As a breast cancer advocate, I am seduced by the lure of translational research and the promises of personalized medicine that will make the one size fits all approach to cancer treatment obsolete and possibly reduce over-treatment, toxicity, and treatment errors.
I will be attending the BIO Technology Transfer Symposium and BIO Investor Forum next week and will look forward to hearing insights from biotech industry leaders. The Tech Transfer Symposium will address opportunities and challenges of biotechnology licensing. Personalized medicine will be the topic of a Therapeutic Workshop on Thursday morning that will focus on the molecular and genetic basis of disease that are driving new product opportunities and categories in patient diagnosis, prognosis, monitoring and treatment.
Genomics opens the window highlighting the heterogeneity of breast cancer subtypes. Molecular spectrum and gene assays offer promising predictive and prognostic profiles, and pharmacokinetic drug targets have shown considerable potential (i.e., Cyp2D6 variants and the choice of optimal adjuvant endocrine therapy).
Many recent advances have been made characterizing molecular mechanisms, determining molecular insights into metastasis, and developing interventions/applications in the clinic.
Although I am thrilled that innovation is headed in this direction, I also realize that translational research scientists and clinical investigators face many struggles:
- Developing tools that will identify women who will most benefit from therapy—For example, taxane modestly improves anthracyline therapy, we are still uncertain which subgroups of patients benefit from taxanes
- Integrating cutting edge technologies as early measures of efficacy
- Identifying and validating biological and genetic markers for tumor response and patient toxicity to better discriminate minimal risk from high risk disease and personalize therapy– Even when a clearly defined population of HER2 positive patients has been identified, we remain uncertain of the optimal duration and schedule of trastuzumab administration
- Interpreting indeterminate and incidental findings, and the metrics used to measure clinical impact
- Managing the unrealistic expectations of desperate patients who are motivated by the hope of therapeutic benefit even when potential benefit seems questionable or unlikely.
- Sharing technologies across disciplines and developing new frontiers for public-private partnerships, data sharing, and biospecimen accrual.
- Bringing a drug to market – Currently, the majority of the 90 Phase I & II breast cancer clinical trials will fail FDA scrutiny. Meeting the responsibilities of drug approval and personalized medicine in a fragmentary and flawed regulatory environment is one of the biggest challenges of experimental therapeutics.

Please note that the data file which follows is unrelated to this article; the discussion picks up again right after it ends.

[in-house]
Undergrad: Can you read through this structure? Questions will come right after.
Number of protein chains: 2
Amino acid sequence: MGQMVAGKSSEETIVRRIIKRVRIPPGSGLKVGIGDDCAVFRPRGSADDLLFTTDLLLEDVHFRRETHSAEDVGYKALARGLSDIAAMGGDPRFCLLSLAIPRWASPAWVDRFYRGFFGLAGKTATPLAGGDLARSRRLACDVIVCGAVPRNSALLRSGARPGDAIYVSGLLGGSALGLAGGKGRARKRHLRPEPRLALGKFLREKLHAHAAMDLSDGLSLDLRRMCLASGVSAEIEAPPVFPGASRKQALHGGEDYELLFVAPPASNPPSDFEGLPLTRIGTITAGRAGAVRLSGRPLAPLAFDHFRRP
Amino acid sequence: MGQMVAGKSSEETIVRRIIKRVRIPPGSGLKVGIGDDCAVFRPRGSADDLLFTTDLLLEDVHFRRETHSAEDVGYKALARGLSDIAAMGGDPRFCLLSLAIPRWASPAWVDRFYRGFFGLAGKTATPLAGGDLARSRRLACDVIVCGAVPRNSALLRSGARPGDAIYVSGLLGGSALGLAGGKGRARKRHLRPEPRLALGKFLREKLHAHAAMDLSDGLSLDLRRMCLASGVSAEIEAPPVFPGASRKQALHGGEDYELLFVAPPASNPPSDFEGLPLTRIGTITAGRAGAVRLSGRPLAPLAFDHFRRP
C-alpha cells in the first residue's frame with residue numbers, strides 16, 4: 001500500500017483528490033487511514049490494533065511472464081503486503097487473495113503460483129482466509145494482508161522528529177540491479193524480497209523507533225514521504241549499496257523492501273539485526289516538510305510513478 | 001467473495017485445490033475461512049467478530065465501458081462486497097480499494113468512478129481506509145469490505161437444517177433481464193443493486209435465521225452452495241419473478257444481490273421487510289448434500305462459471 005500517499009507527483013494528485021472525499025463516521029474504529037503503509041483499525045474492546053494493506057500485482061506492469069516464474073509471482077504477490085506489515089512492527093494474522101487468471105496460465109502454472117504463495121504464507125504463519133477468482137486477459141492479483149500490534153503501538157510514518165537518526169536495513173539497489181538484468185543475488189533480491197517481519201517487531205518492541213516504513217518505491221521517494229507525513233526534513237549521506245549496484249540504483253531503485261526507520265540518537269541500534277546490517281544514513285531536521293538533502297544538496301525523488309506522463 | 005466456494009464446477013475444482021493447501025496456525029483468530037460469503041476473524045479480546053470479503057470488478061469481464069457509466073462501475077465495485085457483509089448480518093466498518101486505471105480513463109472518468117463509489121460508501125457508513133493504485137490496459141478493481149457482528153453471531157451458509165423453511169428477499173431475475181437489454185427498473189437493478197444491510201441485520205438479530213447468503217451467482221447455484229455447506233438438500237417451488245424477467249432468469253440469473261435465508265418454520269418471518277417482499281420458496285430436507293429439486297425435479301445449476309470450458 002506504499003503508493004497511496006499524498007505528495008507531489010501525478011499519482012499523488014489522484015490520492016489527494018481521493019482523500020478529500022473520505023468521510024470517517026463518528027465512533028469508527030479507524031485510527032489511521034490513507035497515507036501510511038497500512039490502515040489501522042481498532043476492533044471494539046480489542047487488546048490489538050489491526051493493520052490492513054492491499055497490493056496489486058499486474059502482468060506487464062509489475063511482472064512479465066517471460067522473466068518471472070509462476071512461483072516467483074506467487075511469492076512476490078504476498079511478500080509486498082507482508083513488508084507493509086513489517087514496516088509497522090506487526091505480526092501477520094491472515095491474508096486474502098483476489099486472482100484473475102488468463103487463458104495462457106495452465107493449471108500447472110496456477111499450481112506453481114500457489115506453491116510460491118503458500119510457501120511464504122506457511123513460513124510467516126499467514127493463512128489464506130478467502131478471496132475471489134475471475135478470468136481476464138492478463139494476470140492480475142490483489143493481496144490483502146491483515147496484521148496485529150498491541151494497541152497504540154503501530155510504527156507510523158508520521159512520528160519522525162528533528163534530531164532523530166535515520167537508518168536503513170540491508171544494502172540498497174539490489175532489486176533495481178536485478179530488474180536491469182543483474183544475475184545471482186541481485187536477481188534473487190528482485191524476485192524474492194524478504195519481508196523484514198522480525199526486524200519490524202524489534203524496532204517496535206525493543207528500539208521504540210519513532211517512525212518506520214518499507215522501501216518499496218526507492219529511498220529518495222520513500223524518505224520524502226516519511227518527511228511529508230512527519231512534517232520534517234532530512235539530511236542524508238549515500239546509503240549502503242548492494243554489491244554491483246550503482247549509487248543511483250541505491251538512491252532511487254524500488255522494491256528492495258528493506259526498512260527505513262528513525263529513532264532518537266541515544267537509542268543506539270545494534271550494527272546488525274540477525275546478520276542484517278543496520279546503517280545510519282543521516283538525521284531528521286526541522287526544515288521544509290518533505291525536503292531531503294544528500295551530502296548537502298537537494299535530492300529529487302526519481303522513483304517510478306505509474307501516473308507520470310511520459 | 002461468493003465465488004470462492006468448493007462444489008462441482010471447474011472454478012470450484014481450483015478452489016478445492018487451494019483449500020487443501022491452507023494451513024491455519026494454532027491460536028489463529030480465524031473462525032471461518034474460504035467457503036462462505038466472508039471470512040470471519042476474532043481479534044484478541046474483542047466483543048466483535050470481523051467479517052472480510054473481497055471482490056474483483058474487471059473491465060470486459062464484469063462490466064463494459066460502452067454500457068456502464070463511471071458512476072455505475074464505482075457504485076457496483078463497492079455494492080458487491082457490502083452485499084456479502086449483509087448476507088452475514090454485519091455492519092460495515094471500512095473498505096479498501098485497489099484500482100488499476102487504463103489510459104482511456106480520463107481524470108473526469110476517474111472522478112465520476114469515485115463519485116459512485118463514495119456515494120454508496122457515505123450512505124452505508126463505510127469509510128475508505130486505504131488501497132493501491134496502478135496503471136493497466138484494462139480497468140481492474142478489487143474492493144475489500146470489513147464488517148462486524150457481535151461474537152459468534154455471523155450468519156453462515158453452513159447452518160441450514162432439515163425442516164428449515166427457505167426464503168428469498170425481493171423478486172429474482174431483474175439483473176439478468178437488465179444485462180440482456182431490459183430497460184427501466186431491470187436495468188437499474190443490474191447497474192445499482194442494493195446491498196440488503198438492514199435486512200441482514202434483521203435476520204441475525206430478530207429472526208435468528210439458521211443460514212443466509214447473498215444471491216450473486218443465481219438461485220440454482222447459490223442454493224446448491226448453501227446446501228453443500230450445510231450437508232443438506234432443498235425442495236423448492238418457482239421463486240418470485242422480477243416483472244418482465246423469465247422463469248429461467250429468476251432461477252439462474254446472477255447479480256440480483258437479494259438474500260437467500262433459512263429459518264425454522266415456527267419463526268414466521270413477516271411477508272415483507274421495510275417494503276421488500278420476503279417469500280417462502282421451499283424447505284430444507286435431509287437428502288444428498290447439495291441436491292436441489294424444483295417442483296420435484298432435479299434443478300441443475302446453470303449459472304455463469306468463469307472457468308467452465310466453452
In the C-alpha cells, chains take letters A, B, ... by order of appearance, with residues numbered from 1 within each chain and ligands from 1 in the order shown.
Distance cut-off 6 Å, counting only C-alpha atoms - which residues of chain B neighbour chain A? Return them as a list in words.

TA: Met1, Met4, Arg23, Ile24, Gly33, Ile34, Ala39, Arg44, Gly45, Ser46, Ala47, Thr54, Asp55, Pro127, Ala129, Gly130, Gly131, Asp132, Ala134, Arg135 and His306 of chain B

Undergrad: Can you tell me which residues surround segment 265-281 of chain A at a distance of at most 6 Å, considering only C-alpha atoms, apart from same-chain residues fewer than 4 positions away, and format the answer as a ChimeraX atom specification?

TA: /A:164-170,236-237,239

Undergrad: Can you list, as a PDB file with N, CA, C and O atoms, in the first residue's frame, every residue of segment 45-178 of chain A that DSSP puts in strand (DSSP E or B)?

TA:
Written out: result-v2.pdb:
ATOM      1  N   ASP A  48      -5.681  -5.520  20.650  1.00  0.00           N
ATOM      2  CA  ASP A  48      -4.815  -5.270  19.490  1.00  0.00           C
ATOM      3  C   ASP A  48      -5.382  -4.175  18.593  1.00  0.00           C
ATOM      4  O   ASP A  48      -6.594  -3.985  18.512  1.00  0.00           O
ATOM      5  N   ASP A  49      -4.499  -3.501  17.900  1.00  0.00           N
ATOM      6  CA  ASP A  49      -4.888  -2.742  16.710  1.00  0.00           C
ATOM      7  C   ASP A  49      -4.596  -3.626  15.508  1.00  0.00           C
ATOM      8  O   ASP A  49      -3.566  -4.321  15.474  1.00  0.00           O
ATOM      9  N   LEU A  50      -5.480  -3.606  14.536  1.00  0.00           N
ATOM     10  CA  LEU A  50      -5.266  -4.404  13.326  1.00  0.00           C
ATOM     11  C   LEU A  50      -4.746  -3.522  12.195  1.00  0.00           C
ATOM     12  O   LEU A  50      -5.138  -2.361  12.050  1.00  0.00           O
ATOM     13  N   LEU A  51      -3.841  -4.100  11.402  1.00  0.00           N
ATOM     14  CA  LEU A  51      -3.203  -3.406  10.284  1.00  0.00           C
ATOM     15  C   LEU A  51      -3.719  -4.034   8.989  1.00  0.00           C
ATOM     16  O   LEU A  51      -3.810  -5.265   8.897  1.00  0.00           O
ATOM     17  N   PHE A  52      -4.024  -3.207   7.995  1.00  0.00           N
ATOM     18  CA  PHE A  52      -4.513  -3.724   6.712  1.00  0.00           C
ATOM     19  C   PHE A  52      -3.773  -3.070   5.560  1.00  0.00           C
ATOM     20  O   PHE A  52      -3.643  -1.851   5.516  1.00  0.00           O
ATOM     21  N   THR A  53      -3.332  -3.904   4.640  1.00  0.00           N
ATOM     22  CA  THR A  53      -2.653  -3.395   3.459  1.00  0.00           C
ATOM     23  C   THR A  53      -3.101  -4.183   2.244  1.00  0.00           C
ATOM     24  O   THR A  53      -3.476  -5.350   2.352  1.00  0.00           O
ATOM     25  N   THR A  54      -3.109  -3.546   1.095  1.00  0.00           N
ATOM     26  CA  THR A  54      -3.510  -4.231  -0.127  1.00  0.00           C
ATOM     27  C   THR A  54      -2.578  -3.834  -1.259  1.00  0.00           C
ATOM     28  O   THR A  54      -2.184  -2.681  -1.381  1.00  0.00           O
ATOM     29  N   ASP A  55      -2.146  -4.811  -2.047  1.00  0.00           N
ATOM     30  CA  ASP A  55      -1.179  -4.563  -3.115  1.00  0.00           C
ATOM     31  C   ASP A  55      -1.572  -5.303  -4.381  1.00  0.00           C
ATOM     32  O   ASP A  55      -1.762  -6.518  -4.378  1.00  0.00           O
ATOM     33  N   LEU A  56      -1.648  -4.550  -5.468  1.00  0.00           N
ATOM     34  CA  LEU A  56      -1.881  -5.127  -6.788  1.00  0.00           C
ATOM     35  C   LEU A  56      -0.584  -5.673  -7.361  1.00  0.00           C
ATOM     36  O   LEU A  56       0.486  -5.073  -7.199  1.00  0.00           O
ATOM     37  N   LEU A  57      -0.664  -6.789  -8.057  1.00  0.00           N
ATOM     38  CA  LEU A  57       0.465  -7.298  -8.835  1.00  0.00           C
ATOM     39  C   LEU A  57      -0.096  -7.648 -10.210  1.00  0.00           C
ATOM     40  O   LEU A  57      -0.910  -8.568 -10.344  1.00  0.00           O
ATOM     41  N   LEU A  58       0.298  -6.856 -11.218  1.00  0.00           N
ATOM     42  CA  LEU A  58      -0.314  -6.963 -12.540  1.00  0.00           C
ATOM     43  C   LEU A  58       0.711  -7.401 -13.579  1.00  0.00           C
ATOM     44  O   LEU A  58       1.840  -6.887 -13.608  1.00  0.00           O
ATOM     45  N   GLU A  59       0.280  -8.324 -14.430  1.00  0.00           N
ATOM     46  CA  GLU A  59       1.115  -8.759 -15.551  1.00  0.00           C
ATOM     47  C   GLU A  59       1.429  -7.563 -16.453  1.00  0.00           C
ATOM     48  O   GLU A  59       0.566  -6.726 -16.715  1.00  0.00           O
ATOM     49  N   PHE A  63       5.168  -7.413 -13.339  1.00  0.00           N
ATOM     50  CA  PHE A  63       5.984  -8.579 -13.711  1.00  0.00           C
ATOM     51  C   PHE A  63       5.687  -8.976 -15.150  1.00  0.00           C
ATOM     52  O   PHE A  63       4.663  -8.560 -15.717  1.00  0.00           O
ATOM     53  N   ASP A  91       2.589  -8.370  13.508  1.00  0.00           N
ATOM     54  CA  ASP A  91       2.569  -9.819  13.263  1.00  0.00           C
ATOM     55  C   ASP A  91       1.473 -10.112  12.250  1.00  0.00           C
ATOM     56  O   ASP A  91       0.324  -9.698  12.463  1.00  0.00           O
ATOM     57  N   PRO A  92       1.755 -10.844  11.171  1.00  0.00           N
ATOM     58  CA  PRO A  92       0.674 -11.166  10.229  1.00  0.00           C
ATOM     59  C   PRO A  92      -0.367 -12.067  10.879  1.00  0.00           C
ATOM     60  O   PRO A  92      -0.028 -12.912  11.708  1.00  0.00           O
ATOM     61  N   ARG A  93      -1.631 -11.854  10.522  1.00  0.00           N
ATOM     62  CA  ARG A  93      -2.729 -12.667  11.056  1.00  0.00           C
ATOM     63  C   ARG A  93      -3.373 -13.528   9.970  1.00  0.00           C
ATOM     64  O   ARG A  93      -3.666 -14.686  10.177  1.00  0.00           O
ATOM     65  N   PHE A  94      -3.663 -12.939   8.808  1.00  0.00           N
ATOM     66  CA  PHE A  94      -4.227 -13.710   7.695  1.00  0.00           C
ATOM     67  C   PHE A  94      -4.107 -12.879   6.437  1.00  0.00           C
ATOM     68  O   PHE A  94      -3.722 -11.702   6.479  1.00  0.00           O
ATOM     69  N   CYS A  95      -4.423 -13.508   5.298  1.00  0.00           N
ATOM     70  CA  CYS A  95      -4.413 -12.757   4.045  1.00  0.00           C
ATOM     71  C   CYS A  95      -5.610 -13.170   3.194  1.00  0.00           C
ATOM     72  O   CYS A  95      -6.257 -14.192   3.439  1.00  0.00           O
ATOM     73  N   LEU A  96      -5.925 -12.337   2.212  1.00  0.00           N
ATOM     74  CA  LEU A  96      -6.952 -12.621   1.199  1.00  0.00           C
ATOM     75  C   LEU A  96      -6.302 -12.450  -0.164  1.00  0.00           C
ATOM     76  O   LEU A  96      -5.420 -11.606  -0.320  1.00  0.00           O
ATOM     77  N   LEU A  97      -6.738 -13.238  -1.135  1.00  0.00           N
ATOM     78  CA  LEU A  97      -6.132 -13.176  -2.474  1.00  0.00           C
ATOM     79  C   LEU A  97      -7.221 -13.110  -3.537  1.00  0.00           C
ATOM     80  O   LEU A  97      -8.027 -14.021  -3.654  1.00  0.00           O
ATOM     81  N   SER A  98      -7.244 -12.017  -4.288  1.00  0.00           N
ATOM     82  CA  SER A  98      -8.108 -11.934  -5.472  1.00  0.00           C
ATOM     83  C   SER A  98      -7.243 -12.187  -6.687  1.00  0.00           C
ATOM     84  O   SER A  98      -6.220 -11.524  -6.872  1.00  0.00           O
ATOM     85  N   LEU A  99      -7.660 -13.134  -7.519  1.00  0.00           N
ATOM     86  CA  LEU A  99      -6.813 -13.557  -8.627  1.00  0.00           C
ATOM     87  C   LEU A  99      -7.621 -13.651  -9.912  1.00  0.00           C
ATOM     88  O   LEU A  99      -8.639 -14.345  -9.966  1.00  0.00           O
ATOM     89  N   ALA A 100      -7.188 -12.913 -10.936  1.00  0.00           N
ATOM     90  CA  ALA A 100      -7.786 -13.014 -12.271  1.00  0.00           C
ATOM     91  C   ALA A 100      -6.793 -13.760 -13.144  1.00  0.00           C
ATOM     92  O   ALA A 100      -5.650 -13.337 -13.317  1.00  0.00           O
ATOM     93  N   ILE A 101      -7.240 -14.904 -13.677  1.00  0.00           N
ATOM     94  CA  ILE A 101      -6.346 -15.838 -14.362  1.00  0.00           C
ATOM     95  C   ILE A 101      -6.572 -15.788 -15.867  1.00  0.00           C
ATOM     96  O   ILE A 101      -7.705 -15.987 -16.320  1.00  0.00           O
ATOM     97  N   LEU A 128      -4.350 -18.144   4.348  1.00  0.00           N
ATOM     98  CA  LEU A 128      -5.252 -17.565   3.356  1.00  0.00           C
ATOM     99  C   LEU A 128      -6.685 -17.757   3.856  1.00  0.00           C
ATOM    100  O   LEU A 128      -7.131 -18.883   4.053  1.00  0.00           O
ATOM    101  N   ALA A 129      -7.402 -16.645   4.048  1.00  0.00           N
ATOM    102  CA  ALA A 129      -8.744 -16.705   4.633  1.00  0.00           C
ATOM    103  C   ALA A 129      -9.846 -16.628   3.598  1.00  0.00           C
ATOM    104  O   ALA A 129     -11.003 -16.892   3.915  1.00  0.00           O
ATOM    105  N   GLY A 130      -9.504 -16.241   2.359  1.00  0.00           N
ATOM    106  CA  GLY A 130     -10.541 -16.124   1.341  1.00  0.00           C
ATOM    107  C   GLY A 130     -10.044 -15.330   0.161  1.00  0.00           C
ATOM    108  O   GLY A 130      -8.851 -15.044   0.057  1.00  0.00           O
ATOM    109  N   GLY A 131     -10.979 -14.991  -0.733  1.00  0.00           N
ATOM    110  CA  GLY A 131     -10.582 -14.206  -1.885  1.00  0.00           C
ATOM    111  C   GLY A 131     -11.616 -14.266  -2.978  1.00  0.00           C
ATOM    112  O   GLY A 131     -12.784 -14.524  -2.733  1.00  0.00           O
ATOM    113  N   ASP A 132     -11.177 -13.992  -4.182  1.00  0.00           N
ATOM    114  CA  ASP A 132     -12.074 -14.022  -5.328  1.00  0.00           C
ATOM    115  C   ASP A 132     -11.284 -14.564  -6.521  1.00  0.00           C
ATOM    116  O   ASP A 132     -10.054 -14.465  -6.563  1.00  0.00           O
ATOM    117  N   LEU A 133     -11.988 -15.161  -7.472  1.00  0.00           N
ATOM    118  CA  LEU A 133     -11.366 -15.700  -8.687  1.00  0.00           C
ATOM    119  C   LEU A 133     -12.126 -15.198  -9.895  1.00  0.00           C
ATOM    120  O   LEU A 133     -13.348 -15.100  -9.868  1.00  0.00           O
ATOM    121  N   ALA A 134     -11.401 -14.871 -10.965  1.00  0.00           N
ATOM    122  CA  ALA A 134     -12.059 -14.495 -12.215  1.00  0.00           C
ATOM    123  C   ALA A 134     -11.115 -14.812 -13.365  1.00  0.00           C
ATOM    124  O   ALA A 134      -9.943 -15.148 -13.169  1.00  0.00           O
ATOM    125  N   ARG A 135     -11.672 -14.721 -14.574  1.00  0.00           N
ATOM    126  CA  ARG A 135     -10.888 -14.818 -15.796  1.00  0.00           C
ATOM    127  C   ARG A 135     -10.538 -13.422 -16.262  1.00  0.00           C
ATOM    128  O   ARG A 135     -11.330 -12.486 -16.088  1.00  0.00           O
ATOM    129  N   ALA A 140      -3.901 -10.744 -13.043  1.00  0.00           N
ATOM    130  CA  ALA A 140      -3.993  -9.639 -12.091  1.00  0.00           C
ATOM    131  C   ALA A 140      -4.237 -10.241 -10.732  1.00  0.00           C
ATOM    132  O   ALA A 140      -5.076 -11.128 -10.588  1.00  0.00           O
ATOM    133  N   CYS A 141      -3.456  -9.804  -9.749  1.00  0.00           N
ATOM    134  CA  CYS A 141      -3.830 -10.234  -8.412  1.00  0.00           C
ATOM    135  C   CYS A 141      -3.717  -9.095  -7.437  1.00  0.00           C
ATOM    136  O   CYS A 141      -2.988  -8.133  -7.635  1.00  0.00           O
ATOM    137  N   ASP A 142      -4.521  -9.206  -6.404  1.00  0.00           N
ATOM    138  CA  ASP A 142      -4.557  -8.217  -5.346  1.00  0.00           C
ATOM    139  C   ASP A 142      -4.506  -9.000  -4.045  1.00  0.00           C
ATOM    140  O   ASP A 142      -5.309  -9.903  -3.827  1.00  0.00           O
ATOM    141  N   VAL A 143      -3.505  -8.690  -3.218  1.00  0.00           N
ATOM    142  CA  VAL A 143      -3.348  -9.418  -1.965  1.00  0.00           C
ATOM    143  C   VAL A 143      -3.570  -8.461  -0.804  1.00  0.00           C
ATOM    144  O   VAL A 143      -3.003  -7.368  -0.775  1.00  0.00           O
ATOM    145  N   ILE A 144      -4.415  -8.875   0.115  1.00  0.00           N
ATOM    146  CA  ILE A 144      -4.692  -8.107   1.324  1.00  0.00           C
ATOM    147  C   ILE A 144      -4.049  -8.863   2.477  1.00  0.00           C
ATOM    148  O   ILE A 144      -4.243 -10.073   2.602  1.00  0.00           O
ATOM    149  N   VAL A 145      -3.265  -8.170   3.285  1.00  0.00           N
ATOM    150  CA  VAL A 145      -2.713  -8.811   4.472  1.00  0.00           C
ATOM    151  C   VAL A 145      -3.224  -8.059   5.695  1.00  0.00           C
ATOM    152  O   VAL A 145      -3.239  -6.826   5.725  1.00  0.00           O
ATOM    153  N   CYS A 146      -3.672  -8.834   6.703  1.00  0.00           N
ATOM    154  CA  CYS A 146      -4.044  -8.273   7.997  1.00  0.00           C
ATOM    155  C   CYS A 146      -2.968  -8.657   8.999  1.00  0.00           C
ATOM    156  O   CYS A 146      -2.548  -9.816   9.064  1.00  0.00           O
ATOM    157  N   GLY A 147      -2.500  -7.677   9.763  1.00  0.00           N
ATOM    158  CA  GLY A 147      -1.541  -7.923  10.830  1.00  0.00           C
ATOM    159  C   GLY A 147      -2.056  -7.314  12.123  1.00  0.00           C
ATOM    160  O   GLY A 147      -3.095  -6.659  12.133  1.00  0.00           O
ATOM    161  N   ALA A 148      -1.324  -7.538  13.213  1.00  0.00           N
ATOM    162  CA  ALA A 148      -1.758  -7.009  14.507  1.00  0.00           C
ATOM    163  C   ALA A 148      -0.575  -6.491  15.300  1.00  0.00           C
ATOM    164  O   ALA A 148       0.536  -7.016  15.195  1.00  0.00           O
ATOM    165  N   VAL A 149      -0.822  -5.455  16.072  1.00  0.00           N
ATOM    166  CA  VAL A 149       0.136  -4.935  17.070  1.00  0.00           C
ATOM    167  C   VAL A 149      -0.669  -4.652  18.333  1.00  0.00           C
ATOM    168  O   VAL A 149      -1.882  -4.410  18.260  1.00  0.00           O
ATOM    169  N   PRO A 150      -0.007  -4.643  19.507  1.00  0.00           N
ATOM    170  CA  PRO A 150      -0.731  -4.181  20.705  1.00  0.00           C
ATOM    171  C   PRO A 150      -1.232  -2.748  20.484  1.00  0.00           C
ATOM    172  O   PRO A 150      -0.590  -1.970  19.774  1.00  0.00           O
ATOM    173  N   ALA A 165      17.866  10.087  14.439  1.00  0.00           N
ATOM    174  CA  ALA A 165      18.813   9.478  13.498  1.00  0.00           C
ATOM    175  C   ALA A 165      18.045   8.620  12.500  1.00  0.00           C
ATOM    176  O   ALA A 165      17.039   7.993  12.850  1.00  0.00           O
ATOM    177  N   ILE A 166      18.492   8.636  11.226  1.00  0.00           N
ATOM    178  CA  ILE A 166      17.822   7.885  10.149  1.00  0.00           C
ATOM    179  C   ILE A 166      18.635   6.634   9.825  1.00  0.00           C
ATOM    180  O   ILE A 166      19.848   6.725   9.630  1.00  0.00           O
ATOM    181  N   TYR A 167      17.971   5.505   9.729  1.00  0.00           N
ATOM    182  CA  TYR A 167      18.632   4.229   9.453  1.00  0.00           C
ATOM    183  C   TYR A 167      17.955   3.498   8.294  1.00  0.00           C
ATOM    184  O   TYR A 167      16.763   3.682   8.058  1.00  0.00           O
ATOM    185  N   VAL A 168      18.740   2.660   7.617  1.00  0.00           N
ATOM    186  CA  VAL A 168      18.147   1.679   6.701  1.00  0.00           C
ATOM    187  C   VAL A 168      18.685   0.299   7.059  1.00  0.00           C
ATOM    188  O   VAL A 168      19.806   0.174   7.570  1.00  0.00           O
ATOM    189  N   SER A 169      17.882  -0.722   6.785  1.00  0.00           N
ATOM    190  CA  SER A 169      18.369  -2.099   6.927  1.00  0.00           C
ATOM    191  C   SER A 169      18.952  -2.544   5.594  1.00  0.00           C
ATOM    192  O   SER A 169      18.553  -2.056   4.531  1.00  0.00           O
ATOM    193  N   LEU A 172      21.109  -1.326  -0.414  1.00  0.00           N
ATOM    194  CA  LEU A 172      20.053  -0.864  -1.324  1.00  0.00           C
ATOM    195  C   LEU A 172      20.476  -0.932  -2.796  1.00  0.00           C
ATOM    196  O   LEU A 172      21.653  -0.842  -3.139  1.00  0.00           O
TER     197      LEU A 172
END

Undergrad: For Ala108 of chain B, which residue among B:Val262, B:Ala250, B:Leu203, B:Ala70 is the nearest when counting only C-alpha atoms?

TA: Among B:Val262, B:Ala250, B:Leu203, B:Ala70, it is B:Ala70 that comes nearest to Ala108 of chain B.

Despite the long and winding road ahead, I have the confidence that serious technological and cost barriers can be surmounted by a strategic focus on collaborative translational research approaches emphasizing high impact biomarker development and qualification as a new means for diagnosing, preventing, targeting, and treating disease.
In this arena of challenge and opportunity, I and groups of advocate stakeholders nationwide are asserting claims as credible participants who in partnership with academic investigators, industry, medical research foundations, and non-profits wish to influence the revamping of research direction and practices, so that progress might be accelerated in the fight against cancer.
We suggest changes in research priorities and culture by:
- Championing adaptive pragmatic trial design and non-profit disease organization research support
- Embracing evidence based practices: distinguishing hope from hype in a regulatory arena
- Promoting patient centered priorities: rethinking communication dissemination and consent practices
- Reinvigorating transparency in recruitment: reframing ethical priorities for urging rapid patient enrollment into clinical trials
- Reassessing Economic Support for Clinical Trials
Advocates have become involved in various types of involvements over the past decades and we can be proud of our contributions. However, much of the progress in the acquisition of cultural competence and representation on national cooperative groups, workgroups, and panels, should not be overstated. Many of the steps taken have been notable–albeit modest baby steps, and there is still much more work to be done.
We all know that advocacy has the highest praise when the goal is to support. Although it is less appealing when the goal is to “act up” and critique, I hope that all biotech investor stakeholders remain open to the nuances of advocacy dialogue, openness, and candor even when inconvenient. Advocates are credible allies who share their passion as trustworthy participants in the translational research process.
Our participation in translational science will enhance the democratization of knowledge, and our interactions and brokerage with scientists and other stakeholders will lead to further needed reforms in research practices, regulatory policies, and interpretative mechanisms for evaluating the metrics of survival outcome and clinical impact.
We face challenging times and a needed paradigm shift in translational design, conduct and support requires all of us to adopt a renewed commitment to the partnership between investigators, industry, patients, advocates and their communities; a partnership based on social responsibility, authentic collaboration, and transparency; a partnership that promotes new products, reduced development costs, and faster product cycles.
Susan Samson, UCSF Breast SPORE Cancer Program Advocate